Their romance is a delicious slow-burn, which fits their characters and situations perfectly. Both of them are well aware of the difficulties which lie in the path of a relationship between a duke and a commoner, and unlike so much historical romance, which just sweeps those things under the carpet, the author handles this aspect of the story in a way that feels completely authentic for the period. That said, however, I really don’t like that whole ‘I can’t marry you because I love you too much to ruin you’ thing, which I always feel is one character accusing the other of not knowing his or her own mind – and it’s one of the reasons I couldn’t quite push this up into the DIK bracket. Annabelle’s insistence on self-sacrifice felt out of character and also left Sebastian to do all the hard work while she did nothing to fight for what she wanted. I also felt Sebastian to be somewhat underdeveloped as a character, especially compared to Annabelle, and there are a few places where the pacing is a little off; the circling around one particular issue goes on a little too long, and there are a few plot points (notably one concerning Annabelle’s romantic past) that are under-explored.

On the surface, Bringing Down the Duke is nothing we haven’t seen before – uptight-duty-bound-hero-meets-unconventional-young-woman-who-gets-him-to-loosen-up-a-bit is a well-used plotline. Here though, the author breathes fresh life into the trope by giving her principals a real depth of character that’s been lacking in so many of the historical romances I’ve read lately. Annabelle is fully aware that her pursuit of an education and personal freedom, together with her espousal of the cause of women’s suffrage could have serious consequences for her, but these things are terribly important to her and she’s prepared to fight for them. She’s not loud or flashy (in the manner of Lady Lucie) but she’s no less committed, and her quiet determination adds weight and seriousness to her character and keeps the tone of the story grounded in reality. She’s a different sort of heroine just as Sebastian is a different sort of hero; he isn’t a cold, ruthless man with daddy issues, he’s a man genuinely dedicated to doing the best he can for those he cares for, and there’s the real sense that his association with Annabelle is gradually changing him because she’s opening his eyes to things he hadn’t previously seen or considered. Sebastian and Annabelle’s pasts inform their characters, but they also act according to their own lights and carve their own individuality separately from their upbringings and circumstances.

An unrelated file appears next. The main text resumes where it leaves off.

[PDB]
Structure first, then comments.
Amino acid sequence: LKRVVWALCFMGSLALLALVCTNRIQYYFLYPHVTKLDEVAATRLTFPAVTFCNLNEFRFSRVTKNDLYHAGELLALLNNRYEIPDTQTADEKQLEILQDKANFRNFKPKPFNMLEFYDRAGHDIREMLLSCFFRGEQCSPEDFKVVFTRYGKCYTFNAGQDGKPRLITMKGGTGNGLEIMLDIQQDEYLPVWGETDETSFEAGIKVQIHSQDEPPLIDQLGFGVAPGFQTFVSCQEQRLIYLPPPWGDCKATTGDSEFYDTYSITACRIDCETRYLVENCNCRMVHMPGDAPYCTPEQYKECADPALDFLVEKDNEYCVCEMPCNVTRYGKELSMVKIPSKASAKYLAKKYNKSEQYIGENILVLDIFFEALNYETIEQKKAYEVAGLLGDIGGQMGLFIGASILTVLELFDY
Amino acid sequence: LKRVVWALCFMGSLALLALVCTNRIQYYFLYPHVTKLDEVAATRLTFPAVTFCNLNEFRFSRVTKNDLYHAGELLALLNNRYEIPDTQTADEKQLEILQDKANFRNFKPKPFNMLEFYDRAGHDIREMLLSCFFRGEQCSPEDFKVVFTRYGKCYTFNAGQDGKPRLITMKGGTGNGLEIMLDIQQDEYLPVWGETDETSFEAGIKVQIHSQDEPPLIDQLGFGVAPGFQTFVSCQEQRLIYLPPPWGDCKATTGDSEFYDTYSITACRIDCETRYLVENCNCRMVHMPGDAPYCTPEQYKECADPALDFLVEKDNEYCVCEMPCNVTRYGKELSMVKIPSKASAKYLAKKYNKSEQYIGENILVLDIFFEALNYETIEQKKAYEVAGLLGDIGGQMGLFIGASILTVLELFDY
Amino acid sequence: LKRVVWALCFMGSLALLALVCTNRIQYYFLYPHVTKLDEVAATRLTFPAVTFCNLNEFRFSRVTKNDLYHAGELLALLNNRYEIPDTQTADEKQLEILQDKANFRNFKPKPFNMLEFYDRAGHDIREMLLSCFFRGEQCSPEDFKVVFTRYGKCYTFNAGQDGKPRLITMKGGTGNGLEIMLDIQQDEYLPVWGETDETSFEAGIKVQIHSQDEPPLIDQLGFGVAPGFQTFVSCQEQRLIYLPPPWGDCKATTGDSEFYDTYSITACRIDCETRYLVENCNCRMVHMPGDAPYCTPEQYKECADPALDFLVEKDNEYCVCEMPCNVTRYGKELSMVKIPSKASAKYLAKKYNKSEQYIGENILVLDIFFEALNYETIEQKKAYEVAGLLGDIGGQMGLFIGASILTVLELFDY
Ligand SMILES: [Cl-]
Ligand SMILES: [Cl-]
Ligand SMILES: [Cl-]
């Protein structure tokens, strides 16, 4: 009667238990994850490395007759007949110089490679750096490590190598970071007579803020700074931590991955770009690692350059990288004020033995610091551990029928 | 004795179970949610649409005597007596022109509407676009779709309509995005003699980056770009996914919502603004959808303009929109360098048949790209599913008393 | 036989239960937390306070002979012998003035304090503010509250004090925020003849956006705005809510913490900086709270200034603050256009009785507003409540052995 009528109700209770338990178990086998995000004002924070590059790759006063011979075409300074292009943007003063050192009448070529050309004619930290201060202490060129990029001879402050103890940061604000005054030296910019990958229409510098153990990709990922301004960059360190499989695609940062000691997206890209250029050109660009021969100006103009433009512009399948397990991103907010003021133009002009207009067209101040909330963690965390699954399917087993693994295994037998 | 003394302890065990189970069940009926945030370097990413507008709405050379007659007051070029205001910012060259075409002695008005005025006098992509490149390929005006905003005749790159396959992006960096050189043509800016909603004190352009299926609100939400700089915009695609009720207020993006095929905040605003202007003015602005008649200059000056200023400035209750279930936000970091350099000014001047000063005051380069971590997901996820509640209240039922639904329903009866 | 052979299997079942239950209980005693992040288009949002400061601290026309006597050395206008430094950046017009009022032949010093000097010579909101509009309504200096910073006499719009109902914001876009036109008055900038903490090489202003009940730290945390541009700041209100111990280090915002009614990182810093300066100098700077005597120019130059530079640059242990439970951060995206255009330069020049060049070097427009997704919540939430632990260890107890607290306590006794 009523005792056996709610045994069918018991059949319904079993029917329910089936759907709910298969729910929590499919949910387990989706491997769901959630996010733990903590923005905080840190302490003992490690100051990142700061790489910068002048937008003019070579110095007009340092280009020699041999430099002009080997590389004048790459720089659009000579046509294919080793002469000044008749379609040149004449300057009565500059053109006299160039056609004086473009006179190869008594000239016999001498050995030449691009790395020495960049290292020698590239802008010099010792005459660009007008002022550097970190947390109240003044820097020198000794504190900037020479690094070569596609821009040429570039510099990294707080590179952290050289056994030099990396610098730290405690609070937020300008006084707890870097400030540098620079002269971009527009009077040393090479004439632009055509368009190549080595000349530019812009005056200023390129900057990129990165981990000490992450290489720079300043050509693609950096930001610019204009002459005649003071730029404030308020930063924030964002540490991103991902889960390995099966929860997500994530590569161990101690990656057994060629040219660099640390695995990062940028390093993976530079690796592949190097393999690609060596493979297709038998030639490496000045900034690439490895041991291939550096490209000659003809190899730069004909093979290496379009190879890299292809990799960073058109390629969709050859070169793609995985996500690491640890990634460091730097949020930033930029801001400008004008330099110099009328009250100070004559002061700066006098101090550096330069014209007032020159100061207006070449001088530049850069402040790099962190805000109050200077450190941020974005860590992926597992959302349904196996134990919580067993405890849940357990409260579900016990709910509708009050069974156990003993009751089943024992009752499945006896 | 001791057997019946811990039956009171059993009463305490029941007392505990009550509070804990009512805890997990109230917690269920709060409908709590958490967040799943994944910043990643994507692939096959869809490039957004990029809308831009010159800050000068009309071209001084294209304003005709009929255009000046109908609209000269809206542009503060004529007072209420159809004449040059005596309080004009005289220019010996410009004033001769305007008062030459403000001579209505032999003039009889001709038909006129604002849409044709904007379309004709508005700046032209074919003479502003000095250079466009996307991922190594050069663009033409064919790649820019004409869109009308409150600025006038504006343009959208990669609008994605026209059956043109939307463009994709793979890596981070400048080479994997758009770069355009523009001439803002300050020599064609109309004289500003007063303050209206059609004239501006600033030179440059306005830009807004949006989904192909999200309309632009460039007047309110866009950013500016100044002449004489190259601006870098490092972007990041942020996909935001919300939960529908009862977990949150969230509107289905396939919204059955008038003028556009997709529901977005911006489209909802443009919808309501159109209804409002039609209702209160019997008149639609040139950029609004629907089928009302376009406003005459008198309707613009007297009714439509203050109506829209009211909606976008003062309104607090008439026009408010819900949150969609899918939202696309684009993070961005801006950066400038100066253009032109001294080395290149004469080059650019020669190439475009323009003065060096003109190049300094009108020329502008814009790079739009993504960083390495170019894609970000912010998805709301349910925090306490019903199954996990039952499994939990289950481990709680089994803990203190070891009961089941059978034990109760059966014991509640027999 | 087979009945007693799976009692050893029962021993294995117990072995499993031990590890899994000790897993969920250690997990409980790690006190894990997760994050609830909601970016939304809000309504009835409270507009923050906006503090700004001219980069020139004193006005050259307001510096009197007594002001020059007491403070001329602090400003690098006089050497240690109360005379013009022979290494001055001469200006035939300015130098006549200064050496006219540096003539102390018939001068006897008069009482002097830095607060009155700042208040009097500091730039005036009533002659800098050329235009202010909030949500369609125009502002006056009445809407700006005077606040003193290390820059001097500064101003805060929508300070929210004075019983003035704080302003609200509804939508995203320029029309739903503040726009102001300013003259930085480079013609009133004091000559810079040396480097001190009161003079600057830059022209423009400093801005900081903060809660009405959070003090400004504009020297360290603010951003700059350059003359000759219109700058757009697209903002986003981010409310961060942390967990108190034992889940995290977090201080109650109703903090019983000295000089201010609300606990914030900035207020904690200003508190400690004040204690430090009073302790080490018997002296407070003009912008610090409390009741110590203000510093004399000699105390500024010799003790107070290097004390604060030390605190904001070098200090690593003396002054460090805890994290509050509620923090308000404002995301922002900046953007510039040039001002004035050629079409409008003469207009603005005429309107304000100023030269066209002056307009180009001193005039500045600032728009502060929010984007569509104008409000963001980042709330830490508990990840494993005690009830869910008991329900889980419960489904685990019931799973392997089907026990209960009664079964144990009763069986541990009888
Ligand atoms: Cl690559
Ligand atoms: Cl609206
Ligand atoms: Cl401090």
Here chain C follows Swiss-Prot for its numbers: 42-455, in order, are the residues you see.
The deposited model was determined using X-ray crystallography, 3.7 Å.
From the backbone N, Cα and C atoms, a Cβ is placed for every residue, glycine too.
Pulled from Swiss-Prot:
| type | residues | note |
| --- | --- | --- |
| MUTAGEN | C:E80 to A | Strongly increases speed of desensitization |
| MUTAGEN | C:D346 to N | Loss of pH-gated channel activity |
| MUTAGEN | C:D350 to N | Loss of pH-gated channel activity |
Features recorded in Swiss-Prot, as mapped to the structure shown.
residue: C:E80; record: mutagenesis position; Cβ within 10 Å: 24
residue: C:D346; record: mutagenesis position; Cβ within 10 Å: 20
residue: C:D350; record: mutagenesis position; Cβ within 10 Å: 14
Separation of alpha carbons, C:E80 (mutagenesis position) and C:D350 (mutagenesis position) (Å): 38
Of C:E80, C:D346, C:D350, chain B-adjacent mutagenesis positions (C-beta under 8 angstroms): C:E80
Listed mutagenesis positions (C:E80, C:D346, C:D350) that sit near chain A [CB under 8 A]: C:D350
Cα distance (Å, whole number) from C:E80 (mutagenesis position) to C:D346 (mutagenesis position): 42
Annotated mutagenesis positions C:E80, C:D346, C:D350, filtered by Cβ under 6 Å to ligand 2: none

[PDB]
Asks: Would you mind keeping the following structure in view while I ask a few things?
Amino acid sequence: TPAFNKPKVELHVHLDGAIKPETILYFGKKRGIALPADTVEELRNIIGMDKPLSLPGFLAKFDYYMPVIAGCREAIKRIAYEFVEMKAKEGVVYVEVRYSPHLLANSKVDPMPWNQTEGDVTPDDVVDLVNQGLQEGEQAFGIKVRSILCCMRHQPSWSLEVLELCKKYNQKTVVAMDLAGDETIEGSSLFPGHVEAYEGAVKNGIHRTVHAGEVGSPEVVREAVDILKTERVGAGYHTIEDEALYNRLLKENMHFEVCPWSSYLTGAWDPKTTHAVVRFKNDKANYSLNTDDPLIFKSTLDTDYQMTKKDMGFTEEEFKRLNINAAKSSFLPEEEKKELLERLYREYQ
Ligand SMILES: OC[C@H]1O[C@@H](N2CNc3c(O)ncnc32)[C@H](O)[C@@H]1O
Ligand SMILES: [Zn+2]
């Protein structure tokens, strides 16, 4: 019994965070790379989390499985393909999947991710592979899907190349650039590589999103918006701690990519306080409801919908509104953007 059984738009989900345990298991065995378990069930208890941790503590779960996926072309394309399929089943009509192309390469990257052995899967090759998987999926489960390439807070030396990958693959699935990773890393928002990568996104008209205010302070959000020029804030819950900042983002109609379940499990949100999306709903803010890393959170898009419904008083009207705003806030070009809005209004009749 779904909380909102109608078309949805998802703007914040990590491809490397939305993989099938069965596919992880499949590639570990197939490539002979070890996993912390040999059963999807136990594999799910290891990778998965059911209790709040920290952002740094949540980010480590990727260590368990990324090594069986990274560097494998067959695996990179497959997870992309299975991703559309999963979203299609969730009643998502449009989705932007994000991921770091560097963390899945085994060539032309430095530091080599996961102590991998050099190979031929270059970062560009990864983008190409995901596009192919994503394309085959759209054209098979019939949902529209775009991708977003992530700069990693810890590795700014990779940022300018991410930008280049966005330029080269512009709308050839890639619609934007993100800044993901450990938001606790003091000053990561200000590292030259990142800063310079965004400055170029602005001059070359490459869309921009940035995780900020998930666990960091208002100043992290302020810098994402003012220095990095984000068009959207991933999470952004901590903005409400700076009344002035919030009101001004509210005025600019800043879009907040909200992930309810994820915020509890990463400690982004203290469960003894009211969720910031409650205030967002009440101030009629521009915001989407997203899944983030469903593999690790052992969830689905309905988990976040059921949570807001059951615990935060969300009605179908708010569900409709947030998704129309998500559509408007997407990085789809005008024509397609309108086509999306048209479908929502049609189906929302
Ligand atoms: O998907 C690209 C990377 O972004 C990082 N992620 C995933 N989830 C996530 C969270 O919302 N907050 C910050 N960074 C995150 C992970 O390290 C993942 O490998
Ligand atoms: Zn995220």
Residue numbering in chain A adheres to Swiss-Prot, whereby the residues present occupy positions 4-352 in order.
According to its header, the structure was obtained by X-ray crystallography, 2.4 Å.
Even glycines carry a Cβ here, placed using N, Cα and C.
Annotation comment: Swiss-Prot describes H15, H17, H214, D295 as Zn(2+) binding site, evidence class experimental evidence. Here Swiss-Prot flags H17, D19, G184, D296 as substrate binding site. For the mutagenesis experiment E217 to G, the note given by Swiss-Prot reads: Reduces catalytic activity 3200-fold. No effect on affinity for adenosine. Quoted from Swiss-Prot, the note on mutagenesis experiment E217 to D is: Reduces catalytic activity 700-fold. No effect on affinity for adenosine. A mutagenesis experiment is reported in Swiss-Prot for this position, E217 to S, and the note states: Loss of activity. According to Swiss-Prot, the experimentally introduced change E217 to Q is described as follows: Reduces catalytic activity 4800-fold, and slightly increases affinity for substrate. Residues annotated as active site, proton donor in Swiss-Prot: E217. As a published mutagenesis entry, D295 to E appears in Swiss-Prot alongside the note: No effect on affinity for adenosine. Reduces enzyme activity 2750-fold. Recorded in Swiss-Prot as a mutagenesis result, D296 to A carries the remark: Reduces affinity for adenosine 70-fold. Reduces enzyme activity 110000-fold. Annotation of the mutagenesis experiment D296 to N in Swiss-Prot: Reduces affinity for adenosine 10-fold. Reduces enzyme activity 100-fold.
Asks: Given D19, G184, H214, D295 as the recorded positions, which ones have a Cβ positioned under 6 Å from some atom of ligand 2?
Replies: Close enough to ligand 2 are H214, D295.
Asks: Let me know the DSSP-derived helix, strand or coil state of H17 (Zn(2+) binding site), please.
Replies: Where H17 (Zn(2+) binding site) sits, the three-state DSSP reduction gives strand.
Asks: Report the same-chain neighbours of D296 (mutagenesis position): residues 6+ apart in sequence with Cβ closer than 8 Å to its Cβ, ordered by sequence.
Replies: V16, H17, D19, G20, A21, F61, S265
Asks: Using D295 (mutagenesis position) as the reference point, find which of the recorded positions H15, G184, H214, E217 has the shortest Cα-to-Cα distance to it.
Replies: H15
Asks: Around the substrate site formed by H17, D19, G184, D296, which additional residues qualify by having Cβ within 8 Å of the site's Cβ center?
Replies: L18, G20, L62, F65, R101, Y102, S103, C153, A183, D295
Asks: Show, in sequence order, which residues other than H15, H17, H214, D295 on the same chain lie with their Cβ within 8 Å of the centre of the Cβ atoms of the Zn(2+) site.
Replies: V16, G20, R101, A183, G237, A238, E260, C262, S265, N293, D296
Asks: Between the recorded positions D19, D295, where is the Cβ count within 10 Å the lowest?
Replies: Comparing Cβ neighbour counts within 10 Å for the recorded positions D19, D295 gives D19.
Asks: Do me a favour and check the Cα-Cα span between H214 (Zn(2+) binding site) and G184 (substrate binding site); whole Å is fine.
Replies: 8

I can’t finish this review without mentioning the (horrible) cover. It appears to be yet another attempt by the marketing folks at persuading potential readers that they won’t get infected by those nasty romance cooties if they read this book in much the same way so many contemporaries (Fix Her Up, The Hating Game, The Right Swipe etc.) are doing at the moment. I confess that I’m not a huge fan of the dress-falling-off-half-naked-clinch covers either, but this one looks like something daubed in a kid’s fingerpainting class!

So don’t judge this book by its cover – or its title, which doesn’t make much sense either. Bringing Down the Duke is an impressive début novel that’s firmly grounded in its historical setting and manages to offer some insightful social comment without bashing the reader over the head with it. The writing is intelligent and accomplished, the central characters are engaging and three-dimensional, and the romance is sensual and tender. I’m looking forward to reading more by Evie Dunmore.

Spellbound (Magic in Manhattan #1) by Allie Therin

This title may be purchased from Amazon

To save Manhattan, they’ll have to save each other first…

1925

New York

Arthur Kenzie’s life’s work is protecting the world from the supernatural relics that could destroy it. When an amulet with the power to control the tides is shipped to New York, he must intercept it before it can be used to devastating effects. This time, in order to succeed, he needs a powerful psychometric…and the only one available has sworn off his abilities altogether.